The Guardian reported that Apple has suspended its practice of having human contractors listen to users’ Siri recordings to “grade” them. That decision came after a Guardian report that revealed that Apple’s contractors “regularly” hear confidential and private information while carrying out the grading process. The bulk of the confidential information was recorded through accidental triggers of the Siri assistant.

Google posted on The Keyword that it has provided tools for users to manage and control the data in their Google account. You can turn off storing audio data to your Google account completely, or choose to auto-delete data after every 3 months or 18 months.


U.S. Department of Justice Announced Antitrust Review of Big Tech



The United States Department of Justice announced that the Department’s Antitrust Division is reviewing whether and how market-leading platforms have achieved market power and are engaging in practices that have reduced competition, stifled innovation, or otherwise harmed consumers.

The Department’s review will consider the widespread concerns that consumers, businesses, and entrepreneurs have expressed about search, social media, and some retail services online. The Department’s Antitrust Division is conferring with and seeking information from the public, including industry participants who have direct insight into competition in online platforms, as well as others.

The Wall Street Journal reported that the inquiry by the Justice Department add “a new Washington threat for companies such as Facebook Inc., Google, Amazon.com Inc., and Apple Inc.”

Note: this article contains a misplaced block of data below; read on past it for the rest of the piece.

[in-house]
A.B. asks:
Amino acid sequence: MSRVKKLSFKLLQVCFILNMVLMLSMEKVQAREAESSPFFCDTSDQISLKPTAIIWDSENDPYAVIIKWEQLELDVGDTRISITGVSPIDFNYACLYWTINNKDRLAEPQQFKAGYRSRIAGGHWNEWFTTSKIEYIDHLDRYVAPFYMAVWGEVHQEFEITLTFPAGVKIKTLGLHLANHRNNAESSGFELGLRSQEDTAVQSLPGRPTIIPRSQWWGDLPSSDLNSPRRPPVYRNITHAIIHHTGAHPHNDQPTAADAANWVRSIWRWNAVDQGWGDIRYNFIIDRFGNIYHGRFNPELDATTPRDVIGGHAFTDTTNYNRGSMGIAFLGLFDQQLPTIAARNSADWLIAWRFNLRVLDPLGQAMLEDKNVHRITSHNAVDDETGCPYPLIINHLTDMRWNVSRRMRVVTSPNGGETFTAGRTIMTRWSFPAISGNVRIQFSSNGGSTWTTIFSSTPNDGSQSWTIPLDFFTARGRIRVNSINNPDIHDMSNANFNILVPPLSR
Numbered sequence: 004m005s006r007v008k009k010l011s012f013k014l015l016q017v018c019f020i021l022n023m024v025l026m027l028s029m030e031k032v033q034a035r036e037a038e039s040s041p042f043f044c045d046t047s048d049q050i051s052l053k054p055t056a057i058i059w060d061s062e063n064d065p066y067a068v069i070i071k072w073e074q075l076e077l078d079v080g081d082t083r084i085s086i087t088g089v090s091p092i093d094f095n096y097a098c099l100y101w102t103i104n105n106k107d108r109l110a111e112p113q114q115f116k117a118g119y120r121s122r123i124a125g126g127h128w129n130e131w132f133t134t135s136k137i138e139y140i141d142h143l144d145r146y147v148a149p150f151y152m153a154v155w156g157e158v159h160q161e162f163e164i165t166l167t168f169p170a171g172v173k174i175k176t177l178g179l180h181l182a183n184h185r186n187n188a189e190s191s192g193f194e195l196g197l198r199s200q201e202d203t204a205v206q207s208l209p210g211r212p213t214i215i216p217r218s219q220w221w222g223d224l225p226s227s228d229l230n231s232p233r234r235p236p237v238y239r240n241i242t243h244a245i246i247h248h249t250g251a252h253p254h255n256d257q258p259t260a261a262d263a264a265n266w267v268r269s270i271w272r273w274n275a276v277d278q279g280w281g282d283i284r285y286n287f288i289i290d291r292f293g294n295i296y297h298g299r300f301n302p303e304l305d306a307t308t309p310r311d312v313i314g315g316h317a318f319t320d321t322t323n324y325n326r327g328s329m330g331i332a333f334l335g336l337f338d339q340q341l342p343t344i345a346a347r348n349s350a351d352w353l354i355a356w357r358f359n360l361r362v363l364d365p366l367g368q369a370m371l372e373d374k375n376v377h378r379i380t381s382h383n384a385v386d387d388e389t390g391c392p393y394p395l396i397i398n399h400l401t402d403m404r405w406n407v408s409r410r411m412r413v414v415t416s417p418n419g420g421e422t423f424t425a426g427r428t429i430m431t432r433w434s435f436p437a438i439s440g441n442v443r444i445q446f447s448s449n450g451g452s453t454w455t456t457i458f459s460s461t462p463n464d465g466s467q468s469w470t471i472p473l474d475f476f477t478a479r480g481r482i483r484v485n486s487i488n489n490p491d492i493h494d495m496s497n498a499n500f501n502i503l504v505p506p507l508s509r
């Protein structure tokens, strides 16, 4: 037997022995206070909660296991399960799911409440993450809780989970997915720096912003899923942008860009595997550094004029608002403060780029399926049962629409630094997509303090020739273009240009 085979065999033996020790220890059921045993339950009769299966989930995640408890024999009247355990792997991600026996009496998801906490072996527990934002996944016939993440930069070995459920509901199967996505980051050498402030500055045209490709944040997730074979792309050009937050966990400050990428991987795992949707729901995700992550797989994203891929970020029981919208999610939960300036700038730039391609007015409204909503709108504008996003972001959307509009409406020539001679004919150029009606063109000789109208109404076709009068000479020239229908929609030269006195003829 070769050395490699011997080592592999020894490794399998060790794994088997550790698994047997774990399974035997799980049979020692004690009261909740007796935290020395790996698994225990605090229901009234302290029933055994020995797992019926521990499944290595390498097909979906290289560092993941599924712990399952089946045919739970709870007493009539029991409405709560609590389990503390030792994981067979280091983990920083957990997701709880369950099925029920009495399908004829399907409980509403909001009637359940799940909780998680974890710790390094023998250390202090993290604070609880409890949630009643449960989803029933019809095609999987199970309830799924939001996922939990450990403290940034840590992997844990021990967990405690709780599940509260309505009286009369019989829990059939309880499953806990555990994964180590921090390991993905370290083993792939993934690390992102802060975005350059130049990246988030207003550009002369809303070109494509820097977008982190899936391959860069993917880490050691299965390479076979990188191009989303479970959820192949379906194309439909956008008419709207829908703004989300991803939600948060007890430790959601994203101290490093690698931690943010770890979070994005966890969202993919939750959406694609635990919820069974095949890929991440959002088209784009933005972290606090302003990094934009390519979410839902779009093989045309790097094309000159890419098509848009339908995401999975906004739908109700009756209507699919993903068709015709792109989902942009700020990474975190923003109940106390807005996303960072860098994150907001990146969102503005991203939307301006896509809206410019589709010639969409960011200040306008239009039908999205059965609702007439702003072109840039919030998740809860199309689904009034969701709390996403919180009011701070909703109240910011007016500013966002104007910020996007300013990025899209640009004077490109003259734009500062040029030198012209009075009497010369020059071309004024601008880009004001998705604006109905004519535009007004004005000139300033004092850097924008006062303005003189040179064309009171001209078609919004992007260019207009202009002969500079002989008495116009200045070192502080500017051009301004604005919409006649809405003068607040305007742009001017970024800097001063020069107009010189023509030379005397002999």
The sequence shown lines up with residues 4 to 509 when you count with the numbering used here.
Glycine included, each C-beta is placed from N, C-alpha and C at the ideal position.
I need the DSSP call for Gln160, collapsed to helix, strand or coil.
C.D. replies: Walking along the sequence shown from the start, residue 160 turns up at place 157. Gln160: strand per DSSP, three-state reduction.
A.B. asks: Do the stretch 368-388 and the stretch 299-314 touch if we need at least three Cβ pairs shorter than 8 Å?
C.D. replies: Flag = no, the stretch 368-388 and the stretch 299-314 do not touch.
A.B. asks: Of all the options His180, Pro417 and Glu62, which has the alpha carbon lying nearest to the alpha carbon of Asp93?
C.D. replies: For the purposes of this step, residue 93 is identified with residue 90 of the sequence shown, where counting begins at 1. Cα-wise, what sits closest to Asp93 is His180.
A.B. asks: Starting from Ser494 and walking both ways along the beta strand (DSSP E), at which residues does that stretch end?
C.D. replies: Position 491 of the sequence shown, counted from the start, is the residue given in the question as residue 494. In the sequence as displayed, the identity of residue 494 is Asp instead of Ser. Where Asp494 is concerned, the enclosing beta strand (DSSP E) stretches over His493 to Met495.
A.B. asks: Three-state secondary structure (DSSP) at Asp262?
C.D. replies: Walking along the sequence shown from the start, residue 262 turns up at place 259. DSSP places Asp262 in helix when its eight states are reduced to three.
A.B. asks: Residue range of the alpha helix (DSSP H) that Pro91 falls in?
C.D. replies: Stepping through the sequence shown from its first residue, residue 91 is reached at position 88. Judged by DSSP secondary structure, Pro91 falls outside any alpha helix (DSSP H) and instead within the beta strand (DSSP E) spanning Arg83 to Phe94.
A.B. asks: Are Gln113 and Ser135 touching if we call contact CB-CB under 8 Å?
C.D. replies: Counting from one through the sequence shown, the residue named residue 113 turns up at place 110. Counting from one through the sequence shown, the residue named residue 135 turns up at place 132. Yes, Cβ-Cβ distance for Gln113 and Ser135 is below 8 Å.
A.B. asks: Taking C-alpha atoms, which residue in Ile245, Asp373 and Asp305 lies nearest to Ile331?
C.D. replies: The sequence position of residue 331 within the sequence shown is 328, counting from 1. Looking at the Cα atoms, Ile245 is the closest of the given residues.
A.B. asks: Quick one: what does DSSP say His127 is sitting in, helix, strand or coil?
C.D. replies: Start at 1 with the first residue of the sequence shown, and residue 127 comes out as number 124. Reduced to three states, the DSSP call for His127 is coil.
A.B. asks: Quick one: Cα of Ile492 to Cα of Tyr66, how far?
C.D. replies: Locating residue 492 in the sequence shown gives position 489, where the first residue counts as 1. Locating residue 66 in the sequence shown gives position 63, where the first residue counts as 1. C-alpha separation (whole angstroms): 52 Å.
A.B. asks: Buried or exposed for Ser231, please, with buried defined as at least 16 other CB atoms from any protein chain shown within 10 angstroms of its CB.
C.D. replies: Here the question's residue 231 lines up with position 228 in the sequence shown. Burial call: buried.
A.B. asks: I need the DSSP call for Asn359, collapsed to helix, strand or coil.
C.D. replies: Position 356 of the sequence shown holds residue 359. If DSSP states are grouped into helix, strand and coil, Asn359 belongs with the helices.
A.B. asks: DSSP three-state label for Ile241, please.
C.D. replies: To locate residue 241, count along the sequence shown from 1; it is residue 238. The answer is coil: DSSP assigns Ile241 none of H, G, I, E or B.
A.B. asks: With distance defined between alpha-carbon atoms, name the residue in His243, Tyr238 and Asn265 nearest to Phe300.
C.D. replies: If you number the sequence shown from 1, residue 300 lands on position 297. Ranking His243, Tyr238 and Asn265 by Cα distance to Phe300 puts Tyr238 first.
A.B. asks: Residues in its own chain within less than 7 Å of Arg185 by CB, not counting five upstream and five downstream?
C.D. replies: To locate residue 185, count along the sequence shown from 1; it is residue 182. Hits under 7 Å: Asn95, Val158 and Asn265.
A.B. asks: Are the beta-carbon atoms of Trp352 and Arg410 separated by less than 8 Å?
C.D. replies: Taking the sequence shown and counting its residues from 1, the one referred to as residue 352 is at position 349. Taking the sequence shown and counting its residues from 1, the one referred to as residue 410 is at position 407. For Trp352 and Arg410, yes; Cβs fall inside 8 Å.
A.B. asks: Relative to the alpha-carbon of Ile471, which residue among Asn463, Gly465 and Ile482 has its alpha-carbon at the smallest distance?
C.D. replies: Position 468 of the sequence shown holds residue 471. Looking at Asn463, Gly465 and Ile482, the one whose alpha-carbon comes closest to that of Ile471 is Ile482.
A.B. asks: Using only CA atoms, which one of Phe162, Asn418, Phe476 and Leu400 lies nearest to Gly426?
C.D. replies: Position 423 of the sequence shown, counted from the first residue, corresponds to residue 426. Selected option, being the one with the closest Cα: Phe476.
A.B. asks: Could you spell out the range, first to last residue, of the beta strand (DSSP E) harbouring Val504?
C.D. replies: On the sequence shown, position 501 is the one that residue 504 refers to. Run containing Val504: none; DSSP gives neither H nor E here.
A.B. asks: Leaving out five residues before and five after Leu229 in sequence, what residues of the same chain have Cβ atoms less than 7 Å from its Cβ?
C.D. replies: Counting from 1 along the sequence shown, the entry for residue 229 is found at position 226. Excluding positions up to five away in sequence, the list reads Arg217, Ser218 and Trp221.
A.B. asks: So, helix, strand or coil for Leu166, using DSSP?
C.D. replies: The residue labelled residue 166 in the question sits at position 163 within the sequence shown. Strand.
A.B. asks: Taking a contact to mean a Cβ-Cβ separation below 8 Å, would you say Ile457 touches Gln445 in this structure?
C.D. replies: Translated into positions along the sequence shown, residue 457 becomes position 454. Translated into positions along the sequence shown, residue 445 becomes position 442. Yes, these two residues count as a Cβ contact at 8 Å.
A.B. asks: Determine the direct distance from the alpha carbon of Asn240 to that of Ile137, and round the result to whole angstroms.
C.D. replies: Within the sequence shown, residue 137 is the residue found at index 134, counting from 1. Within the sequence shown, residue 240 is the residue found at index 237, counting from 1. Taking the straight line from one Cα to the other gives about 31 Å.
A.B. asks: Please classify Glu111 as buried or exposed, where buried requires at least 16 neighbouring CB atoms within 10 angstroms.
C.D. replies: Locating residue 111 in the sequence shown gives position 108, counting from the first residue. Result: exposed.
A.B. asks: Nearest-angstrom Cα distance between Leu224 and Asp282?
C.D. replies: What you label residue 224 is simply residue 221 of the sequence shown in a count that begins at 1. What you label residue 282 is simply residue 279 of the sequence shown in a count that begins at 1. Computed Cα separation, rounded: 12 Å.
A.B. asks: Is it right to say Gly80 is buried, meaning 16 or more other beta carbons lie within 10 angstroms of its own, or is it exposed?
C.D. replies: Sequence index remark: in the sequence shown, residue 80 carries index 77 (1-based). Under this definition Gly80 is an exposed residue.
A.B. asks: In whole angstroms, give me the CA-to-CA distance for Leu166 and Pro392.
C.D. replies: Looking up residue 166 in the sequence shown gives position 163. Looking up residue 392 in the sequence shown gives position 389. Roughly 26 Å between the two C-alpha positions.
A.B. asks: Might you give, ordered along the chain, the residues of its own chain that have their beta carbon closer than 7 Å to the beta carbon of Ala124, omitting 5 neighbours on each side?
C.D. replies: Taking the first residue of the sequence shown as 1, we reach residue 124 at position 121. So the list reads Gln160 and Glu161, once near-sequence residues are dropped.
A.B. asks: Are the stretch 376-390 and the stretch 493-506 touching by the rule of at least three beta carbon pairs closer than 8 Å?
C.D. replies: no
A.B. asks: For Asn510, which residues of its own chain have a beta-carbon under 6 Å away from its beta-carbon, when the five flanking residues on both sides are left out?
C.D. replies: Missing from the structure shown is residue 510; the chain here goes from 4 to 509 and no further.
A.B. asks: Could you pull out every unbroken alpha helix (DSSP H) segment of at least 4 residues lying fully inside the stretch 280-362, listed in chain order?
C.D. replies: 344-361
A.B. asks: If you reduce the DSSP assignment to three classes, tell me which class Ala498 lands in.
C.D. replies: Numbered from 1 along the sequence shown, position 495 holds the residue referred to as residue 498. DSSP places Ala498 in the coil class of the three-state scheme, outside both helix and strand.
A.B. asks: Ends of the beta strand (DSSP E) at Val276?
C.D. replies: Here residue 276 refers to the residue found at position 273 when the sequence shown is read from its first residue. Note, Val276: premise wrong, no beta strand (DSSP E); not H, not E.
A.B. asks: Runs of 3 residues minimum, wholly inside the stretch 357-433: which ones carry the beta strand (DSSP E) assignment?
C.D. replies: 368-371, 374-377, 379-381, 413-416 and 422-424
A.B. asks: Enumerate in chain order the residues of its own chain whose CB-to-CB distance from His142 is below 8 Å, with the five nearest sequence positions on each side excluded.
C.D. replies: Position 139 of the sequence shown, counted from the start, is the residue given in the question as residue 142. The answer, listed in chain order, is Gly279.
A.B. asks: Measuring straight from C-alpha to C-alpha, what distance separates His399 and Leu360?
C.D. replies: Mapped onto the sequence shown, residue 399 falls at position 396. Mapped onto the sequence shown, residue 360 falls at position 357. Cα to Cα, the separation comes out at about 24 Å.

CNBC reported: “The move is the strongest by Attorney General William Barr towards Big Tech, which faces increased scrutiny from both political parties because of the expanded market power the companies have and the tremendous amount of consumer data they control”.

CNBC also reported that shares of Facebook, Alphabet, and Amazon all fell more than 1% immediately after the announcement and that Apple’s stock also dropped.

This follows the European Commission’s antitrust investigation to assess whether Amazon’s use of sensitive data from independent retailers who sell on Amazon’s marketplace is in breach of EU competition rules.

There have been several investigations, by other countries, regarding questionable practices made by the big technology companies.

It seems to me that the more investigations that happen, the less likely it is that all of these big tech companies will come away from this without facing penalties, fines, or requirements that they make changes.


Google Discusses Safeguarding Speech Data After Leak



Tim Verheyden, a journalist with Belgian public broadcaster VRT, gained access to more than 1,000 audio files from a Google contractor. The contractor was part of a workforce paid to review some audio captured by Google Assistant, smart speakers, phones, and security cameras.

While most of those recording were intended (for example, people asking for weather data), others were not. In about 150 of the recordings, Google Assistant appeared to have activated incorrectly after mishearing its wake word.The audio captured includes private conversations.

Today, Google posted information on The Keyword blog about their processes to safeguard speech data. In it, Google acknowledges the leaked Dutch audio data.